Eye For Film >> Movies >> Pooh's Heffalump Movie (2005) Film Review
Pooh's Heffalump Movie
Reviewed by: Stephanie Wolfe Murray
What is it that makes Winnie the Pooh and his friends so lovable? Well, film aside, it has to be their creators, A A Milne and Ernest Shepherd. It is hard to think of a more glittering and lasting collaboration. You can't have one without the other - Milne's quiet wit peerlessly complemented by his illustrator. And does this partnership translate itself successfully into Disney's film about Heffalump? Up to an extent, yes.
I give director Frank Nissen full marks for creating the very essence of the English countryside, the gently undulating meadows, the hedges and the big, slightly sinister woods, with trees that seem to tower over small creatures.
How about the characters and the storyline?
There's Roo, Kanga's baby, the star of the show. He's a bright wee thing, energetic, adventurous and longing to do everything and more. His mother looks the part, although their relationship touches on a sickly sentimentality entirely lacking in the books. Does it matter? For me it did.
Then there's Rabbit, who likes to be the boss. It's sad for him that he's actually a bit dense, but he stays true to his role. And Pooh himself? In this film, he is not a very important character and it would be unkind to quibble. He's OK and there are plenty of scenes involving his honey jars lest we forget.
Eeyore the donkey is wonderfully eccentric, plodding along with all his possessions on his back, including the kitchen sink. And Owl, Piglet and Tigger? They are just there, but not in leading roles, although it has to be said that nice, thick Tigger makes his presence felt. Everyone should have a Tigger.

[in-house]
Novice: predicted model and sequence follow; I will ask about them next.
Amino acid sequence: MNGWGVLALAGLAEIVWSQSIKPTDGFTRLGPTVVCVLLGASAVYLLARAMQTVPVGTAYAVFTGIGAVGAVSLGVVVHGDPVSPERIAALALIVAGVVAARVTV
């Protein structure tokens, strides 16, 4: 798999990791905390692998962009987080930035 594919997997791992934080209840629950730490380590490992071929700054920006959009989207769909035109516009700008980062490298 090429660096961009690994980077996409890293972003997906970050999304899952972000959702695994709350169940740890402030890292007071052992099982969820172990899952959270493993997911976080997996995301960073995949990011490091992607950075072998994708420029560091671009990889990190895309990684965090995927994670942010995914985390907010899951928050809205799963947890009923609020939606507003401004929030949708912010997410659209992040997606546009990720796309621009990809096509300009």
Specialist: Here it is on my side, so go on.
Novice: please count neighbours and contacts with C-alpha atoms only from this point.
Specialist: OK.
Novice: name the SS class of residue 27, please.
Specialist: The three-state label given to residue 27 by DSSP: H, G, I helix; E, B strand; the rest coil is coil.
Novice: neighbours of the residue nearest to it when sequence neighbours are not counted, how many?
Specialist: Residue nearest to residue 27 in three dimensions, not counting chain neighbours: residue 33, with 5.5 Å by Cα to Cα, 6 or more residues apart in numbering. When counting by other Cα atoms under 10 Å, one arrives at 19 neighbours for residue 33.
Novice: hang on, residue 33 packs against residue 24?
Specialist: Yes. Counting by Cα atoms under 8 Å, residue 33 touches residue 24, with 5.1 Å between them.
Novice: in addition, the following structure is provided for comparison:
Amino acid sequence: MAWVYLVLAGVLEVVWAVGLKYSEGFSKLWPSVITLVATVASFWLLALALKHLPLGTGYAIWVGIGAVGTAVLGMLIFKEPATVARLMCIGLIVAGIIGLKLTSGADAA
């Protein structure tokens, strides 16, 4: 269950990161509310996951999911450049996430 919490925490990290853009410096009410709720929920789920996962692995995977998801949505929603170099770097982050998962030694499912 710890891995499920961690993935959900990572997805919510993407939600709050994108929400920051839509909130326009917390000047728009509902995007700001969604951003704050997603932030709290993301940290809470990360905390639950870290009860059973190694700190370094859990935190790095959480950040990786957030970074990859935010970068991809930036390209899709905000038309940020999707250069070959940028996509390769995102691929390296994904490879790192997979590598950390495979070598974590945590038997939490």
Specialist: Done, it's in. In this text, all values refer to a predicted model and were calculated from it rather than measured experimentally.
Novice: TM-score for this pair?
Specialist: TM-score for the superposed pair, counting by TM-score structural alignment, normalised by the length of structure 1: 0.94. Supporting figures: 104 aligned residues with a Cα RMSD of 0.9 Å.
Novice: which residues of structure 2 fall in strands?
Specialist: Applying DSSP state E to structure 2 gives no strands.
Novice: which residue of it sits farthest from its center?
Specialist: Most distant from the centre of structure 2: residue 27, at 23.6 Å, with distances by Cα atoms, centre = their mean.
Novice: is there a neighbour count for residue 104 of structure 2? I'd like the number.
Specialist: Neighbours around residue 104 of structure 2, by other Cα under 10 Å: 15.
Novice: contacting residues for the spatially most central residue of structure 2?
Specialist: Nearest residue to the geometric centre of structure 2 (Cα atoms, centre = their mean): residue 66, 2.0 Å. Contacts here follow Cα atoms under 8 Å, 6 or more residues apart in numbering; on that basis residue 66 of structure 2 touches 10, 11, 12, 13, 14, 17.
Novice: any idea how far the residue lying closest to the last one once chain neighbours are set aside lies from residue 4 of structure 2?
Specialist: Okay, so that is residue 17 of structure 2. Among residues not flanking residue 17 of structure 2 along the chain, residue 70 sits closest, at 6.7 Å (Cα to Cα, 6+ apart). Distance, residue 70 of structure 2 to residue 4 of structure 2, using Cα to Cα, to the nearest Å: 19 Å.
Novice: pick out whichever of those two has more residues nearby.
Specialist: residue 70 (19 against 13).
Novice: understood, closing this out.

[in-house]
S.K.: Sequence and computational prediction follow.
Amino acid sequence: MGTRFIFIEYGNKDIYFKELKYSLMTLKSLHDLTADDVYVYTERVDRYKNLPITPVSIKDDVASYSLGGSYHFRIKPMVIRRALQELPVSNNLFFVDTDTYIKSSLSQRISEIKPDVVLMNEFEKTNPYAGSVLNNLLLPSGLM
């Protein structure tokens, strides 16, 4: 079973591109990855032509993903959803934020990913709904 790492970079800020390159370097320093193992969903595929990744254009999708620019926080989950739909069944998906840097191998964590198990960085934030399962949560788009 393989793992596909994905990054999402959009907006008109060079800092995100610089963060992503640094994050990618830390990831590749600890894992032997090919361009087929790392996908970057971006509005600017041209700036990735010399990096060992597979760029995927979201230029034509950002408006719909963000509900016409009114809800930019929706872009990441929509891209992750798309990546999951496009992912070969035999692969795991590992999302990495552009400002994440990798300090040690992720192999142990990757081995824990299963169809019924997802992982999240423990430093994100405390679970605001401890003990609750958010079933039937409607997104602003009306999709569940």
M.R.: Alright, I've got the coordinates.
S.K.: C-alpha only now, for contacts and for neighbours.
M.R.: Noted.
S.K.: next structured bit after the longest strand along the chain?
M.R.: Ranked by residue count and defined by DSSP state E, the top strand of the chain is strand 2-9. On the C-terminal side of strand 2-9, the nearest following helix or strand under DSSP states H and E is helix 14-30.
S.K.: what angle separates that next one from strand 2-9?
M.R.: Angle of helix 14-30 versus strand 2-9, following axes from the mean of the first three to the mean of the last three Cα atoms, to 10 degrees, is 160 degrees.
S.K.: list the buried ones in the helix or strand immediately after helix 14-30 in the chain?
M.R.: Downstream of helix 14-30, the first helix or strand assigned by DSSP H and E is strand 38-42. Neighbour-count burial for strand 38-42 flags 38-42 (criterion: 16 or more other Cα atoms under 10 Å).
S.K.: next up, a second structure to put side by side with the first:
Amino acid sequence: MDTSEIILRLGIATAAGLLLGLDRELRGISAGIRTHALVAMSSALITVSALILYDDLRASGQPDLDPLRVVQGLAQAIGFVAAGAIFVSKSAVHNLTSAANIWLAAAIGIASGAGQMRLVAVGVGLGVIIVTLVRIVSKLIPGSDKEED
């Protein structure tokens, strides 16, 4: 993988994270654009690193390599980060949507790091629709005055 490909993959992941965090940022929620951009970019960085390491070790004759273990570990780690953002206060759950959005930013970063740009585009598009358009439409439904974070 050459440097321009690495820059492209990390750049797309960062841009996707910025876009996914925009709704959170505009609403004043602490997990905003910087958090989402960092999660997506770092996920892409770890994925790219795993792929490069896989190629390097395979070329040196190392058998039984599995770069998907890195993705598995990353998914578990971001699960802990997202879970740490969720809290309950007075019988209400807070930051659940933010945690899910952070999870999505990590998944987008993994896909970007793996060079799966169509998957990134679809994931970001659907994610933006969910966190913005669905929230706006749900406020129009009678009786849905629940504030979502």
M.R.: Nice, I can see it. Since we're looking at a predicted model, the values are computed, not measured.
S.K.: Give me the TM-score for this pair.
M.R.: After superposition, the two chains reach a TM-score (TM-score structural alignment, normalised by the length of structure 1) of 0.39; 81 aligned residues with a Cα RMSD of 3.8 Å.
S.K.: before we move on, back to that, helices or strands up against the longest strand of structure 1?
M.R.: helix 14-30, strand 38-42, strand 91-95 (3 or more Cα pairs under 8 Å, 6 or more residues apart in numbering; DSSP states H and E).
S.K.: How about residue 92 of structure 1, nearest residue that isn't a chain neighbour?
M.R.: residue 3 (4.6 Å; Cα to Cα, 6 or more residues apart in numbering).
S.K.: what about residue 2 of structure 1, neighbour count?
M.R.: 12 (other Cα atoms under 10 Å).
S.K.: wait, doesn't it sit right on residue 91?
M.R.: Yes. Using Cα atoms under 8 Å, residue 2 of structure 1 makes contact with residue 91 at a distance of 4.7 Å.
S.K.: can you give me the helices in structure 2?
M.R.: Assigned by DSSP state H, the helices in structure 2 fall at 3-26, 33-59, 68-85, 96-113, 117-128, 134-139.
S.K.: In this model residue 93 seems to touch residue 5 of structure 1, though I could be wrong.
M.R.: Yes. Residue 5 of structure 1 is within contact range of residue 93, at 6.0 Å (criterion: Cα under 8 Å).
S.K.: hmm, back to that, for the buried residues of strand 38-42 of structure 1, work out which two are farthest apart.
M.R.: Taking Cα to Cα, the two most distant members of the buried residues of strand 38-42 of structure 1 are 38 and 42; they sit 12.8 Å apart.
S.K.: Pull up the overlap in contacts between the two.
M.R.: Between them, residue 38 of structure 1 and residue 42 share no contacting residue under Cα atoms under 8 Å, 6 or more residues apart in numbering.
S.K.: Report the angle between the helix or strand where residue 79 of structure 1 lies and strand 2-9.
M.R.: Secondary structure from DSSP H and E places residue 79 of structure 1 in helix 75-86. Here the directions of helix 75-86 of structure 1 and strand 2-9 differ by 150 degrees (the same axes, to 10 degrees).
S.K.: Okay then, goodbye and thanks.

One day, the animals come out of their woodland dens to discover great big round paw prints - scarily big - on the soft damp ground. It must be the Heffalump!
Roo has bright ideas about what to do, but Rabbit likes to be seen as the brains behind everything, and, besides, Roo is too young to be allowed on such a dangerous mission. Despite his mother's sweetness, the next morning the intrepid little creature sneaks off into the woods, while his older friends bumble about basically getting nowhere.
The outcome is a happy one. Roo finds a friend, the young Heffalump, who also finds his trumpeting voice, and the mothers find their little ones. There is plenty of slushiness about Roo and baby Heffalump's growing friendship and when they just want their mummies, it becomes a little nauseating.
The friends save the day, still bumbling about, with Rabbit managing to feel important to the last.Reviewed on: 25 Mar 2005